Olivier De Schutter, a co-chair of the international expert panel IPES-Food, calls on the European Commission to lay the foundations for a Common Food Policy. EURACTIV.fr reports.
The Commission is due to unveil its next Common Agriculture Policy (CAP) on Friday (1 June) and De Schutter, a former UN Special Rapporteur on the right for food, believes the food dimension is not sufficiently present in the CAP, which focuses more on production than consumption.
“The transition towards sustainable agricultural and food systems is crucial. Changes in terms of the production, processing, distribution and consumption of food should take place at the same time and Europe should take a lead on this. This is why we need a Common Food Policy,” Olivier de Schutter told Euractiv.fr in an interview on the sidelines of the EU Food and Farming Forum.
“As long as we remain focused on the idea that solutions have to be of technical nature and that economic stimuli constitute the decisive factor, we fail to see that food should first and foremost concern human well-being, but it is also about combatting the desertification of rural areas, tackling obesity, preserving soil health.”
The EU Food and Farming Forum takes place in Brussels from 29 to 30 May. According to the organisers, the forum is the combination of two years’ work on building sustainable food systems in Europe, carried out by the International Panel of Experts on Sustainable Food Systems (IPES-Foods). It brought together some thirty NGOs, consultancies, and farmers’ organisations.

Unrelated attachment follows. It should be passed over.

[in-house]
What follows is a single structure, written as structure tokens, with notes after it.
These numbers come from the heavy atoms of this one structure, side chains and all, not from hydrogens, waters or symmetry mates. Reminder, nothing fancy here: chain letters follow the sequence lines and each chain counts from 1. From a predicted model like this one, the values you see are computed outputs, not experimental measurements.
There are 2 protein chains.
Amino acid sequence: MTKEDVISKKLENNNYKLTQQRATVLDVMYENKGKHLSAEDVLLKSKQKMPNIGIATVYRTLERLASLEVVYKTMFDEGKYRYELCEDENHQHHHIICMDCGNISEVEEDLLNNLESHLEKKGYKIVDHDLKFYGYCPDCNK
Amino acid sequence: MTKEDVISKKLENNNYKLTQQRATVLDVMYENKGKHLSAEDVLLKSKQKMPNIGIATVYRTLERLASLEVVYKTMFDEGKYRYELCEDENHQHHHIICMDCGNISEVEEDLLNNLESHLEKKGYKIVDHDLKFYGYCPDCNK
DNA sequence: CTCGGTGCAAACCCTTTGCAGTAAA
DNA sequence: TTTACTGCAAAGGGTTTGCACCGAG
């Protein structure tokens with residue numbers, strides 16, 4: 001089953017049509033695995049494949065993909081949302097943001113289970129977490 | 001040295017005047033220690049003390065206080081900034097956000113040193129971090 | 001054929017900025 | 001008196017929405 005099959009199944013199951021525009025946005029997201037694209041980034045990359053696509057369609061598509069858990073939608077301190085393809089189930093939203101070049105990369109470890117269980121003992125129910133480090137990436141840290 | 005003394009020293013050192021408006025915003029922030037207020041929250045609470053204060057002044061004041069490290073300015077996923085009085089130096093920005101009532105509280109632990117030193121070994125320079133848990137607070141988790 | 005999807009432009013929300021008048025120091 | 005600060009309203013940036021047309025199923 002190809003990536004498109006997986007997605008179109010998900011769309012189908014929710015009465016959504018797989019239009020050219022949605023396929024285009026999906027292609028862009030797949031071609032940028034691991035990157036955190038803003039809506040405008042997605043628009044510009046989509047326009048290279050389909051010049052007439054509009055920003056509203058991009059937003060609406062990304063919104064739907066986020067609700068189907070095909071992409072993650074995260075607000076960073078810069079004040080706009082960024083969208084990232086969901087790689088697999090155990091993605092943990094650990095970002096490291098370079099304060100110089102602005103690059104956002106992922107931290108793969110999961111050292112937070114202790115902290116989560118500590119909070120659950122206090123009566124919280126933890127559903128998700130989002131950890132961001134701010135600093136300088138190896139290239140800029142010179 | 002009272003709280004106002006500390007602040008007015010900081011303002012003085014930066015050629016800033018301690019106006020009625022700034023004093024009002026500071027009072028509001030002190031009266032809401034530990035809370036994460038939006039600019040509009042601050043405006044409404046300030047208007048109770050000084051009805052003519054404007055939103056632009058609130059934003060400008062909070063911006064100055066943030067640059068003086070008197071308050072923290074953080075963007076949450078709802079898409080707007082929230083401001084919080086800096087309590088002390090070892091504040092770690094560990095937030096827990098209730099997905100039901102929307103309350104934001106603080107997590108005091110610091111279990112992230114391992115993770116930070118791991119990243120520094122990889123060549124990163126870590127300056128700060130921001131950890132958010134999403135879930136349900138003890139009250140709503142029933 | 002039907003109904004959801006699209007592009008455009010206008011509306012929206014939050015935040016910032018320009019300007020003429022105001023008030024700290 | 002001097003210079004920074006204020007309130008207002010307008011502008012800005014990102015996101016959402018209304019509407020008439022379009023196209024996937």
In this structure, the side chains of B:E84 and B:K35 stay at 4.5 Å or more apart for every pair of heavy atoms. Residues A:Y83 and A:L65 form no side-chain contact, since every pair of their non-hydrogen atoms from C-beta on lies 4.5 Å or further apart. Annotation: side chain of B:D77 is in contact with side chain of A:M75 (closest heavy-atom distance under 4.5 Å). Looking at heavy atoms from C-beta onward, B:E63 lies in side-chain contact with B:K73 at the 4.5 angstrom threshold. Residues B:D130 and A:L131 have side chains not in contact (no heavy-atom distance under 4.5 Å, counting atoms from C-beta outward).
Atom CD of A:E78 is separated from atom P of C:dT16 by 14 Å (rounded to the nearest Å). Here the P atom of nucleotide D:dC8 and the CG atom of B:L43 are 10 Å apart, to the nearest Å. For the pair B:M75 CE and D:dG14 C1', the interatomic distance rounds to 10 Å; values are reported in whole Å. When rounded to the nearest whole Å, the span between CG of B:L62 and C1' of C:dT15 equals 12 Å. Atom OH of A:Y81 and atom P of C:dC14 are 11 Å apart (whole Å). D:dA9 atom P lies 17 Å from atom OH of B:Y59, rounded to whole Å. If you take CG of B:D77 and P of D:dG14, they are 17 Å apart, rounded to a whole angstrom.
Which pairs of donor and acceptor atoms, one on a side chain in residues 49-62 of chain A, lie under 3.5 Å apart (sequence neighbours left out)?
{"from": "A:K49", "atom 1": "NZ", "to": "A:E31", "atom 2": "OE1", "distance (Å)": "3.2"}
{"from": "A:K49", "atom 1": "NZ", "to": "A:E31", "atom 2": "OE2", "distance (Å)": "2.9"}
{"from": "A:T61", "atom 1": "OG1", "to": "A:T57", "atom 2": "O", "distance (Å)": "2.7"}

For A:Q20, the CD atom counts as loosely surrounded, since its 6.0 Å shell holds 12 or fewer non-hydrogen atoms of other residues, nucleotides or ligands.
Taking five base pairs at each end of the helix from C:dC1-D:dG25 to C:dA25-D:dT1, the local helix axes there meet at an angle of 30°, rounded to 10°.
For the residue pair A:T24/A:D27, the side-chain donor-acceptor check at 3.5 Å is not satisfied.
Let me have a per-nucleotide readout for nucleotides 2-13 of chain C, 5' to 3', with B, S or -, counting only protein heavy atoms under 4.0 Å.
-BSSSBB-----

During the debate, participants raised the main issues linked to sustainable food: between 2003 and 2013, one out of every four farms ceased to exist in Europe, one out of 5 adults in Europe suffers from obesity, 30% of global GHG emissions are attributable to current farming and food production systems, which also led to an unprecedented deterioration in soil quality and a loss of biodiversity.
“The system of governance passed down to us is no longer adapted to the current requirements of food transition. It was ideally suited to do what the CAP has done since 1958 – encouraging economies of scale, stimulating mass production and standardising consumers’ preferences,” De Schutter said.
“We are now aware of the impact of agriculture on health, on the environment, the impact of trade, of investment in processing techniques and therefore consumption, this approach is no longer suitable.”
Message heard but not applied
He said he was surprised to see “the extent to which our message goes down well with DG ENVI and DG Santé, for example, but it is not integrated into the food policy definitions. As the CAP is not a food policy, it is still entirely focused on production. Social, health, environmental, and trade issues come in second”.
“When one considers the effort put into the [mobile phone] roaming issue in the European Union, it is really quite surprising that no attention has been paid to far greater expectations consumers have about sustainable food.”
“On this, I believe someone should be held responsible, not Phil Hogan but Jean-Claude Juncker, for not taking a more convincing line. For the time being, everyone is focused on the CAP, we believe a reform of the CAP is not enough to change things.”
For the former UN Special Rapporteur on the right for food, the question is not formulated well enough.
“The questions should cover the interdependence of our actions, at all levels from the producer to the consumer, including input suppliers, processors, distributors, etc. For the time being, we need to realise that the different ways in which we intervene at the various levels of the food chain are not connected to each other”.